In the workplace, the rewards earned from completing extrinsically motivated tasks typically do not satisfy any of your personal needs. In fact, you’ll likely need to sacrifice some of your own time, security or energy to reach an extrinsic goal.
Extrinsic rewards usually involve money, acknowledgment or other types of compensation. Extrinsic consequences might involve monetary loss, discipline or wasted opportunities. Many employees are extrinsically motivated in the workplace by both their paychecks and career advancement.
Among extrinsic motivation factors are common subtypes of motivation, including:
Achievement motivation involves the satisfaction you gain when reaching a goal. People who are achievement-motivated aren’t satisfied with a completed project unless it earns them some level of recognition. Achievement motivation is an extrinsic form of motivation because it requires outside sources in order to provide a sense of accomplishment.
In the workplace, achievement motivation drives individuals to be goal-oriented. Employees who are achievement-motivated need to be able to anticipate future acknowledgment to remain engaged throughout a process or project.
Example: Achievement motivation in the workplace can include offering an award or certificate for a job well done or implementing some sort of “Employee of the Month” program.
Related: The Best Ways to Motivate Your Team
Affiliation motivation is the desire to belong to a certain group of people or an organization. If you’re motivated by affiliation, you thrive when supporting or interacting with a team of other employees. You find it rewarding when you can contribute to a team effort or are considered a valuable member of a particular group.
An employee who is affiliation-motivated can be a benefit in the workplace because they strive to promote connections and relationships between people. They typically excel at interpersonal communication, collaboration, negotiating during team discussions and taking notice of others’ skills.
You might use affiliation motivation in the workplace when working to promote personal relationships, either among coworkers or with customers. Creating a group identity as a part of company culture can encourage employees to be motivated by a need to succeed as a team instead of as individuals.
Example: To promote affiliation motivation, you can organize team-building exercises that encourage the employees to build trust and encourage employees to connect outside of work. Providing socialization opportunities in the workplace like holiday parties and baby showers and prioritizing small-group projects over department-led ones also can foster affiliation motivation.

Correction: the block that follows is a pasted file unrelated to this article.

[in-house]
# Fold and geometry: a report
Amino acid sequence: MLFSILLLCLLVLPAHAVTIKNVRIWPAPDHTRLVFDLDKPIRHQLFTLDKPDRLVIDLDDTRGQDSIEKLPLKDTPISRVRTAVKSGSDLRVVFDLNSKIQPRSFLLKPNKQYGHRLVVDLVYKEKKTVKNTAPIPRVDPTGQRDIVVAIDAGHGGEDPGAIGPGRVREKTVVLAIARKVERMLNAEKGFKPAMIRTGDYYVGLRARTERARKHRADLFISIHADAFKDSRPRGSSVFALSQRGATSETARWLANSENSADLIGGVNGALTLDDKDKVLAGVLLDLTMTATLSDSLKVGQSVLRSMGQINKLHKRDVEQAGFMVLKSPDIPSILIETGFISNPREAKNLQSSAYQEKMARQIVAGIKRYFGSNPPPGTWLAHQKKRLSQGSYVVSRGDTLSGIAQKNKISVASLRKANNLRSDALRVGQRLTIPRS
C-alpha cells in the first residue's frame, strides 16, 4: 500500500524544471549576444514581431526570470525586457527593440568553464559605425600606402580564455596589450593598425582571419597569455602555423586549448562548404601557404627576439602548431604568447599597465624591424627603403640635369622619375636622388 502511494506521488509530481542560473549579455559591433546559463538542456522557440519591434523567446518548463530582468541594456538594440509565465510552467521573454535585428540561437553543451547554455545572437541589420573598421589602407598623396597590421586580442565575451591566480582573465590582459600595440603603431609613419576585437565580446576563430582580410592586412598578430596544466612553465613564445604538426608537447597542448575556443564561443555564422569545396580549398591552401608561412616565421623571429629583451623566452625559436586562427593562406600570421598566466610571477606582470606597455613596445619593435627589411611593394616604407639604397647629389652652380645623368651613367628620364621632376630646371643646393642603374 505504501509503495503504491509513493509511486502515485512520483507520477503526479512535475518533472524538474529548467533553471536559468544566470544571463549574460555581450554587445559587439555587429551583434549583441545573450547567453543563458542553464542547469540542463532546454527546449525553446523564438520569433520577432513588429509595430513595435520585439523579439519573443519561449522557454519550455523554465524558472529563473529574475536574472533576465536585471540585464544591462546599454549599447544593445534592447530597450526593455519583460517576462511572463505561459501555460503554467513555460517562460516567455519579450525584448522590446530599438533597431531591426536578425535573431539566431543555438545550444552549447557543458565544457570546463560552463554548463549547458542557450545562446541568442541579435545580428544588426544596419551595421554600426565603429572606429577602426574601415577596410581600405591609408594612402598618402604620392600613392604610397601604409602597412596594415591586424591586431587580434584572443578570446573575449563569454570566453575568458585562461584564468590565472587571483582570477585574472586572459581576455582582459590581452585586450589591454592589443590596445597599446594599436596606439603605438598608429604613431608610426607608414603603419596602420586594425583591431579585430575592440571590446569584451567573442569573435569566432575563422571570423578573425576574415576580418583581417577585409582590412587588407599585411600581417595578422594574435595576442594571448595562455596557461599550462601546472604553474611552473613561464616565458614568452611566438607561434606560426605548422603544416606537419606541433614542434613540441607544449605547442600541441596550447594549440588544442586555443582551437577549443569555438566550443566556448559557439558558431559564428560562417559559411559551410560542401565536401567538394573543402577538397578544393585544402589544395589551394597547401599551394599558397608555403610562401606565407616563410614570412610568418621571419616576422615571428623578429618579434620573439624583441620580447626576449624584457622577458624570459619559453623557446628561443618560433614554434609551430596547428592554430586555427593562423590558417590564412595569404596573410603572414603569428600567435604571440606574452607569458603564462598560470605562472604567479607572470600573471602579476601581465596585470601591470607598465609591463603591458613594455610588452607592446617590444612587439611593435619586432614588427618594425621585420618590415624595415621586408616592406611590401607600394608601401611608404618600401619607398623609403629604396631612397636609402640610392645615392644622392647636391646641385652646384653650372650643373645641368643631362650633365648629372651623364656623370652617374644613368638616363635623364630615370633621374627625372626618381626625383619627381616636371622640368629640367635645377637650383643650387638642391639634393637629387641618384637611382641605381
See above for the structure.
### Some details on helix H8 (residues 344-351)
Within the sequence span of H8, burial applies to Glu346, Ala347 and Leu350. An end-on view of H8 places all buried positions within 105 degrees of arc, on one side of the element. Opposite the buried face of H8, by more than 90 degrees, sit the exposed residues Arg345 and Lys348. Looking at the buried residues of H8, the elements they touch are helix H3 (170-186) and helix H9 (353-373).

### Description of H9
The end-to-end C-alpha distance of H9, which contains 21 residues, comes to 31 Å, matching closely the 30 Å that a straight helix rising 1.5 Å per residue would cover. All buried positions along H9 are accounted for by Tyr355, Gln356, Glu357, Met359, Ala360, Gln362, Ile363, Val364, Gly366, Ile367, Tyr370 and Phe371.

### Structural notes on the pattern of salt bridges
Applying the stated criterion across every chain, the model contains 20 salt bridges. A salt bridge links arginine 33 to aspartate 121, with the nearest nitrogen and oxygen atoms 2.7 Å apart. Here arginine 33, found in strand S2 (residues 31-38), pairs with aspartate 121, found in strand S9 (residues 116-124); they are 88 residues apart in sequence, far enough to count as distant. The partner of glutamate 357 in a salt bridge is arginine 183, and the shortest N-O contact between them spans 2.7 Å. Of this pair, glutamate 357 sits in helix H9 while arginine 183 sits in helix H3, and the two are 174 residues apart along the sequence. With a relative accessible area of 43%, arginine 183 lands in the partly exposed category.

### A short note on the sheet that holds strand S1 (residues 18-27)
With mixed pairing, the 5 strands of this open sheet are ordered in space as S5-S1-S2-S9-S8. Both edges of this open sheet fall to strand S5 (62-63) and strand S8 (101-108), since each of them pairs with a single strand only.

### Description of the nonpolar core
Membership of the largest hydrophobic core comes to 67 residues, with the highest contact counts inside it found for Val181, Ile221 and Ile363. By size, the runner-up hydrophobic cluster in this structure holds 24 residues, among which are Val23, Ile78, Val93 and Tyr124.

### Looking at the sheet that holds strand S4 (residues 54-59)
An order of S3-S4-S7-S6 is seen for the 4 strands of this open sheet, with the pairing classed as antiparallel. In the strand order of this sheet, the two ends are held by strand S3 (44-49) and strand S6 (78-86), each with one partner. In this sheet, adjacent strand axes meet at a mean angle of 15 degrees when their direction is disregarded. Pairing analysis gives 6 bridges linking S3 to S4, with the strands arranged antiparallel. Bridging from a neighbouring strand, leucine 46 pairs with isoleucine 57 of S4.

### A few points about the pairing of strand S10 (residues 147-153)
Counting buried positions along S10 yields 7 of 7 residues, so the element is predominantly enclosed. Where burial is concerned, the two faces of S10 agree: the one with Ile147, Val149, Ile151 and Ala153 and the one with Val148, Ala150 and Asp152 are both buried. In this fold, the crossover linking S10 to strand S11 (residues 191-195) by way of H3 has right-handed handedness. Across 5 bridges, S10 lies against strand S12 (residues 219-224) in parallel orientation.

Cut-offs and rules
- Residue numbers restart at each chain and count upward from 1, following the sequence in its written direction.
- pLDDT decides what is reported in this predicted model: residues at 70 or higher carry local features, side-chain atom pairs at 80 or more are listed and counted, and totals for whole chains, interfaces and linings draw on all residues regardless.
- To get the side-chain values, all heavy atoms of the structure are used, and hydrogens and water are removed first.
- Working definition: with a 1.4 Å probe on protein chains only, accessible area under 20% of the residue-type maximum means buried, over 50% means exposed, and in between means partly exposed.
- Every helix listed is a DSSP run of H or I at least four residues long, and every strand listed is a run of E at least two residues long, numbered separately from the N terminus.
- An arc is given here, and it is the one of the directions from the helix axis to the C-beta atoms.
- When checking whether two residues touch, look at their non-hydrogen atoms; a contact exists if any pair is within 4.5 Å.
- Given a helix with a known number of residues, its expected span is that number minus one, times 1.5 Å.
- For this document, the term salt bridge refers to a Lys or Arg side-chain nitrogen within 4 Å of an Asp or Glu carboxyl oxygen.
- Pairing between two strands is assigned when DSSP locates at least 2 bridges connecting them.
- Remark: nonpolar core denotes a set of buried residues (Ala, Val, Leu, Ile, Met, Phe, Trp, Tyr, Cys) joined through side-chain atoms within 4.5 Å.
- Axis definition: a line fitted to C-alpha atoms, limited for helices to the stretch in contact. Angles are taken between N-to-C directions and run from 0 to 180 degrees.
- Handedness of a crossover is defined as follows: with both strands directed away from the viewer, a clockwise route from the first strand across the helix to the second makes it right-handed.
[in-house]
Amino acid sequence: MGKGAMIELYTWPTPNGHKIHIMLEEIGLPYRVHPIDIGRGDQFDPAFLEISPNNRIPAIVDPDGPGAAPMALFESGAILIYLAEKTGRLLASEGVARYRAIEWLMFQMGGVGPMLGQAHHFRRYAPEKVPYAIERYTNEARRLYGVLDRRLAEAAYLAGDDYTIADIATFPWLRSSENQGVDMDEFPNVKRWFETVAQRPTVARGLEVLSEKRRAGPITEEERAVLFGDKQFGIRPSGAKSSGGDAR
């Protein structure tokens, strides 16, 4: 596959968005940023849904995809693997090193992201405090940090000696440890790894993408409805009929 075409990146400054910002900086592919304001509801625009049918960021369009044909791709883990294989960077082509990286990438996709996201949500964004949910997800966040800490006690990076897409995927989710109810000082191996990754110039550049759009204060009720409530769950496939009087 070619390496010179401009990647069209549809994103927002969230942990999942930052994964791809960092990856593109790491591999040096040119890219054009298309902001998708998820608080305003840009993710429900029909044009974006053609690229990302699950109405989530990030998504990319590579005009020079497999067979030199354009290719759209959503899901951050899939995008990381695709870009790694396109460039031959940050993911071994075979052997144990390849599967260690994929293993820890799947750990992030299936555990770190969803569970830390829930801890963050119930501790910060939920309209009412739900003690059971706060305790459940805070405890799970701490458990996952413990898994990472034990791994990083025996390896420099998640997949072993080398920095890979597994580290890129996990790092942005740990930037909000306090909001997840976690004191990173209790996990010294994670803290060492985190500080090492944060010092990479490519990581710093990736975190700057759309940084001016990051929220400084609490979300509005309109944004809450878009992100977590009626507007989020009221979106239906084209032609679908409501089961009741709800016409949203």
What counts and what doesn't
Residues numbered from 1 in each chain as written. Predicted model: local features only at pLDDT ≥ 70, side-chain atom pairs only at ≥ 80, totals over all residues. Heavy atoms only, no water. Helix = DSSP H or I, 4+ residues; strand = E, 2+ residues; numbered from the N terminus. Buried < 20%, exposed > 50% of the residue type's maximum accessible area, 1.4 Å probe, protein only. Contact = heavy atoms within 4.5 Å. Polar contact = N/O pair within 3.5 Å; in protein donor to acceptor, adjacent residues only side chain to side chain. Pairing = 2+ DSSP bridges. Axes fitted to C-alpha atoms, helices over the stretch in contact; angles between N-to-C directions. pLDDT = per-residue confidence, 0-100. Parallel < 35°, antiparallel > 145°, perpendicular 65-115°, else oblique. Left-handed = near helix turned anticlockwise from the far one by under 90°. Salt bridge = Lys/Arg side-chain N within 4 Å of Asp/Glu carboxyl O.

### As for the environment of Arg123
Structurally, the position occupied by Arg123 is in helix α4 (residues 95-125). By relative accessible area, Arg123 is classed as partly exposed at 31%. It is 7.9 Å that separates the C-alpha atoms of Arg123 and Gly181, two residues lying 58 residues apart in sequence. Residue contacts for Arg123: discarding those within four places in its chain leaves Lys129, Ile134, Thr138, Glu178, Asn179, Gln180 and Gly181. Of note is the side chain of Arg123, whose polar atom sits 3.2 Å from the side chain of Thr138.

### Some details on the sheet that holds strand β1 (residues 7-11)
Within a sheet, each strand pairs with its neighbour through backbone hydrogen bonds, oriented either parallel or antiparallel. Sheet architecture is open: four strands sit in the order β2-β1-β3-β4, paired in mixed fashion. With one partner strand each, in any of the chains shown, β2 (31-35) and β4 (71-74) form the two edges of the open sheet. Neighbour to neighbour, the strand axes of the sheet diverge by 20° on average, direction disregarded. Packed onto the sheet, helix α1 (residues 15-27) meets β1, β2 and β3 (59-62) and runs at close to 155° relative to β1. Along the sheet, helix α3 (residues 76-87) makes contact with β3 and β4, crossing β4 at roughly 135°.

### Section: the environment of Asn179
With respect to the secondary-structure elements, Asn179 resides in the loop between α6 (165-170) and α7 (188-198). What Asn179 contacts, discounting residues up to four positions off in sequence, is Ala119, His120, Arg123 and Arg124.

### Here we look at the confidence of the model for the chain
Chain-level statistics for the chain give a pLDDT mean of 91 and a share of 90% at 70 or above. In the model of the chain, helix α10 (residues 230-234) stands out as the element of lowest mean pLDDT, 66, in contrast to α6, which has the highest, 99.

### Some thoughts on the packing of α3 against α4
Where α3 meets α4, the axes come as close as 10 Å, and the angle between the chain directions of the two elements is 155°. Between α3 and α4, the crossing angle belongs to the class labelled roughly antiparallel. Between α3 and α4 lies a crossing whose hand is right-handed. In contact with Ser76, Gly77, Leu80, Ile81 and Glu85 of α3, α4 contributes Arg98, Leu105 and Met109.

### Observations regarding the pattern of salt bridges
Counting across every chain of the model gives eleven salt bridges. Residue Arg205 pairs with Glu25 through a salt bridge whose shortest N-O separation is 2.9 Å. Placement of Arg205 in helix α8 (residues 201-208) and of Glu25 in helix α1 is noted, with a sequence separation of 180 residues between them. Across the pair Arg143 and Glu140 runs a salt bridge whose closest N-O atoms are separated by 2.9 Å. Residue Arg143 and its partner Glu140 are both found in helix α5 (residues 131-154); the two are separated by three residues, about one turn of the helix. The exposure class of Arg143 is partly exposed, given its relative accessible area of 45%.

Incentive motivation involves working to earn predetermined compensation for above-average performance. It drives you to pursue a worthwhile reward in exchange for your time and effort. People who are incentive-motivated work best when they know they’ll be appropriately compensated.
In the workplace, incentive motivation involves managers or supervisors providing opportunities for employees to earn specific awards. This usually fosters a predominantly goal-oriented atmosphere. In some cases, each task that an employee accomplishes may count toward earning a certain reward. In other situations, employees might actively exceed expectations in order to qualify for compensation beyond their usual paycheck.
Example: Awarding an additional day of paid time off to an employee with the highest sales numbers or allowing the team to clock out an hour early if weekly customer satisfaction scores average 85% or higher are examples of incentives that can be used to motivate employees.
Related: How To Answer "What Motivates You" in an Interview - 3 Best Strategies
Jenn, a certified career coach at Indeed, shares three considerations for crafting a genuine answer that best aligns with the role.
Explore more articles
- How To Write Customer Service Emails (Plus Why It Matters)
- How To Append To an Array in Python Using the Append() Function
- 19 Asset Management Tools You Can Use for Your Company
- 11 Presentation Tips to Captivate Your Audience
- 12 Schools for Fashion Design
- What Is Order Management?
- 11 Hiring Practices To Build a Better Team
- What Is Power BI? A Definitive Guide
- Tips on Setting Goals
- What Is Data Management?
- Marketing vs. Sales: How They Work Together and 5 Key Differences
- What Is a Conglomerate? Definition, Benefits and Types